The One Thing I Wish I Knew Earlier In My Career

Learn to work harder on yourself than you do on your job.

Working harder on yourself than you do on your job is not an original idea. Motivational speaker, Jim Rohn, first said it, but it’s worth repeating especially during a season like this with race relations at an abysmally low point, thousands of families without loved ones, and millions of people jobless in one of the worst times in US history — the whole experience is like being stuck in a bad dream.

If you feel like hitting a hard reset on 2020, just know you’re not alone. Still, there are opportunities in crisis. Some of the greatest innovations came from the worst economic times. Now is not the time to throw your arms up in hopelessness but instead see those events as calls to action to become more human and better versions of ourselves.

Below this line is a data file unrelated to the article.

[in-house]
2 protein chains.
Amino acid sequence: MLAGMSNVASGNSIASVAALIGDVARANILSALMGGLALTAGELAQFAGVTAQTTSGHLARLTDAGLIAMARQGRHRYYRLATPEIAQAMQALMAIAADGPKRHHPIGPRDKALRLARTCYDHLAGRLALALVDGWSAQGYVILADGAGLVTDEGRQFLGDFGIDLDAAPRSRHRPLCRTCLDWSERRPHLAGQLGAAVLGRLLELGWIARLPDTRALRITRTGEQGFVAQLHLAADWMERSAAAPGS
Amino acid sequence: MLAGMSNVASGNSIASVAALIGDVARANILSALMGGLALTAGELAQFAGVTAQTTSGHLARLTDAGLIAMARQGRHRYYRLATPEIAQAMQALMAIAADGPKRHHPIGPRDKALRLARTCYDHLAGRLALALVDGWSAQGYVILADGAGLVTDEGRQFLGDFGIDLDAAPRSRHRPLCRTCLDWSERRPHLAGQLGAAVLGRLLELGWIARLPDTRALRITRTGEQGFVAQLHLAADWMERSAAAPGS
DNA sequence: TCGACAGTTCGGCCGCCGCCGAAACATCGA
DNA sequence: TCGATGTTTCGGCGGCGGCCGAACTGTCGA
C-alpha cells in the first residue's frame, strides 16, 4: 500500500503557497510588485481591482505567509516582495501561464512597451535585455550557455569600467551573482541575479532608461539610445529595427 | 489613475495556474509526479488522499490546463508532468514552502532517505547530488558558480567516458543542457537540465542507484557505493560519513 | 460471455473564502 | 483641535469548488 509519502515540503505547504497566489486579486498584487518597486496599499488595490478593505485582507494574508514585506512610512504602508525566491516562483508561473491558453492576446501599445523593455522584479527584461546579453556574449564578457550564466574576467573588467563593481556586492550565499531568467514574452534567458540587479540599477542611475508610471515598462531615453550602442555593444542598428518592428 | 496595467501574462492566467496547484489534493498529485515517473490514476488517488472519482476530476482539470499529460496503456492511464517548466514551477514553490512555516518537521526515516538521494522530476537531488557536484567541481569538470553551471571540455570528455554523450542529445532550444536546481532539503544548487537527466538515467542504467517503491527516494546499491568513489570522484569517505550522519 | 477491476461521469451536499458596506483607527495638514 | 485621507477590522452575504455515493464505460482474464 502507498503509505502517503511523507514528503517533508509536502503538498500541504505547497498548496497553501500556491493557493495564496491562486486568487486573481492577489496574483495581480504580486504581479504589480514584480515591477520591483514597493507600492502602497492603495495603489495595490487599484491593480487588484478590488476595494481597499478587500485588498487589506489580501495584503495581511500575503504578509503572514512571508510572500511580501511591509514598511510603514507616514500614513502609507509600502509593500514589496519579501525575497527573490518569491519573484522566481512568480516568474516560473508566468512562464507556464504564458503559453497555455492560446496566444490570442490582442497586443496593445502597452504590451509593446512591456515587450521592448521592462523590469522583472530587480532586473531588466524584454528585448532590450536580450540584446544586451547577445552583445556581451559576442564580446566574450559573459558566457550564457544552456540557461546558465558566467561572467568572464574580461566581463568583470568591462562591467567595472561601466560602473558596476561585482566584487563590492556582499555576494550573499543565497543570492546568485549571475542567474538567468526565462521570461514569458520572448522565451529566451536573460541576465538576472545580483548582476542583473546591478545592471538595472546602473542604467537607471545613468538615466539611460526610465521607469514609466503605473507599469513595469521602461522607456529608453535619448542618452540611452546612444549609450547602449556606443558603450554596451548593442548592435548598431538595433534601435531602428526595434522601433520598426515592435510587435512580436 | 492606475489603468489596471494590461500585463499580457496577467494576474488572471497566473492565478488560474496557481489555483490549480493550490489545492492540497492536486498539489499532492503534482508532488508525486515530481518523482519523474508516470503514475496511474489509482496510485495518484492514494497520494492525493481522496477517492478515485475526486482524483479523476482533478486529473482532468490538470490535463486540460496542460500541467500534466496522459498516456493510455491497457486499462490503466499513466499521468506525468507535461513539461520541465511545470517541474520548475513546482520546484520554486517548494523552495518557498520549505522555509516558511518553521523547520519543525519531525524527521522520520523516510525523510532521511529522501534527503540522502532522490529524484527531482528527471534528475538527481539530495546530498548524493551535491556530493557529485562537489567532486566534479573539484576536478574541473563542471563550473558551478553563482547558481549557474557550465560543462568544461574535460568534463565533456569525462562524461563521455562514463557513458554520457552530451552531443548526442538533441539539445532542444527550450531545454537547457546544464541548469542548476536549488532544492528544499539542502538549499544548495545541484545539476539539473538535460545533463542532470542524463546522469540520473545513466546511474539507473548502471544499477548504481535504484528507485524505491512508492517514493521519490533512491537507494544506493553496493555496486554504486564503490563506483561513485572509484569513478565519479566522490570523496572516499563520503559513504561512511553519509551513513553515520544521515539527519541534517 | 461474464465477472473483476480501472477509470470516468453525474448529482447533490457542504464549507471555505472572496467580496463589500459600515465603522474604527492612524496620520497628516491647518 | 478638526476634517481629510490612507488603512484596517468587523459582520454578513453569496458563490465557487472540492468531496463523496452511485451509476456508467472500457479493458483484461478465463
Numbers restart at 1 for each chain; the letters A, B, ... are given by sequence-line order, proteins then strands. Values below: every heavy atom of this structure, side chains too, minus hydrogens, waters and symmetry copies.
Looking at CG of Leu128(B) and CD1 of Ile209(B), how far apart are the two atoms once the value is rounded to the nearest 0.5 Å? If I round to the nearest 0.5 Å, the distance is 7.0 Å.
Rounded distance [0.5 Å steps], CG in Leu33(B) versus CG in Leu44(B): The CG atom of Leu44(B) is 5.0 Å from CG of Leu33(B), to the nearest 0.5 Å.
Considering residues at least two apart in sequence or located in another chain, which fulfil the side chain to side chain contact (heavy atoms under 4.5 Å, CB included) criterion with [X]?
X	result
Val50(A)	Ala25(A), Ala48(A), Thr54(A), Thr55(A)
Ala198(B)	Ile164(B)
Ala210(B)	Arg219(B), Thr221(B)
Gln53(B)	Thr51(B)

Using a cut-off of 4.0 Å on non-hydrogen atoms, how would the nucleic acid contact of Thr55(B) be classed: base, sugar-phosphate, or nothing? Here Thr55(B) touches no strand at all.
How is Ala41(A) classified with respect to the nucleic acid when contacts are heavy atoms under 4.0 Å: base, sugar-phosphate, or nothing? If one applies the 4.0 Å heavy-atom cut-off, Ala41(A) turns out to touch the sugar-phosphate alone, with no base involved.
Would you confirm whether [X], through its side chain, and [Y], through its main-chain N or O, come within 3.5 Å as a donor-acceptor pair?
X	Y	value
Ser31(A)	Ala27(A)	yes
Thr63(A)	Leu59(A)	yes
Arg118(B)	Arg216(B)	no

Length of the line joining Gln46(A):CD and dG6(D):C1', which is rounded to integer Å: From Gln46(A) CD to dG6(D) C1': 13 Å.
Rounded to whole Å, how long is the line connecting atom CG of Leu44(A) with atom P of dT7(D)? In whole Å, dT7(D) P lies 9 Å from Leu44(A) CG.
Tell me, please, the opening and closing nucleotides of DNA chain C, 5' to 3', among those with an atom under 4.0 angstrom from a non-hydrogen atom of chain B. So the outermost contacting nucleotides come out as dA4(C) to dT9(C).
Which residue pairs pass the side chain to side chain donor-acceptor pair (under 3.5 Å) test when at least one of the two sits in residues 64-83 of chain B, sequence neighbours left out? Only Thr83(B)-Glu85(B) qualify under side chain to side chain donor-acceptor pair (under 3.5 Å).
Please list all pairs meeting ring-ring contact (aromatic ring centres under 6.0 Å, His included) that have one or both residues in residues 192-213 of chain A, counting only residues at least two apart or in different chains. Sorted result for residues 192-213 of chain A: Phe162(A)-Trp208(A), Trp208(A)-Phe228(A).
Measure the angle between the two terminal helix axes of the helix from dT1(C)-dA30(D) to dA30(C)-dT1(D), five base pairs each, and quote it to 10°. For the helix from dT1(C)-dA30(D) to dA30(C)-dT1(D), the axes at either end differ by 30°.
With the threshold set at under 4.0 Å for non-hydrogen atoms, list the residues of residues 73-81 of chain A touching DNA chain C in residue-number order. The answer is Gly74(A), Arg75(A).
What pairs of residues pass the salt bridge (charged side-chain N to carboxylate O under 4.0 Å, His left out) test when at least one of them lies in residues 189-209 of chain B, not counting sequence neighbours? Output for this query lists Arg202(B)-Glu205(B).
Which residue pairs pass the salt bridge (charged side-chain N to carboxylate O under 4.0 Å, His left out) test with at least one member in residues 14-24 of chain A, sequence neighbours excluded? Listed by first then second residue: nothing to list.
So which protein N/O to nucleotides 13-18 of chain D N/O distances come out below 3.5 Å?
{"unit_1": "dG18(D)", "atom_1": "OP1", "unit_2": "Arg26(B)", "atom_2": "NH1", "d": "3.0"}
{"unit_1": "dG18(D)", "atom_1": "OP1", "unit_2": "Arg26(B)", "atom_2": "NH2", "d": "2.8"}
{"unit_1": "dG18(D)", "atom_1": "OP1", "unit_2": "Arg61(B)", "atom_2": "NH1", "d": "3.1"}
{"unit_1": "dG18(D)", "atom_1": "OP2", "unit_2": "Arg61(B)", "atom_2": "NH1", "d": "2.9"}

Working harder on yourself will not armor you from the impacts of a pandemic or other economic crises. To say otherwise is plainly peddling false narrative. But an acute attentiveness to self development could put your skills and knowledge ahead of the job market — helping you to survive turbulent times and creating serendipity when you have to dust off your resume and hit the old job search trail.

“The learning curve is the earning curve,” and “today learning is part of economic survival for most of us.” – Josh Bersin

Employers prefer to hire people who are fast learners but are more inclined to give the job to the candidate who demonstrates she is able to contribute on the first day. Harvard Business School Professor Theodore Levitt said “People don’t want to buy a quarter-inch drill. They want a quarter-inch hole.” Therefore, you will likely come out on top if you are able to emphasize your past wins and your domain knowledge relative to the most pressing problems the organization is trying to solve.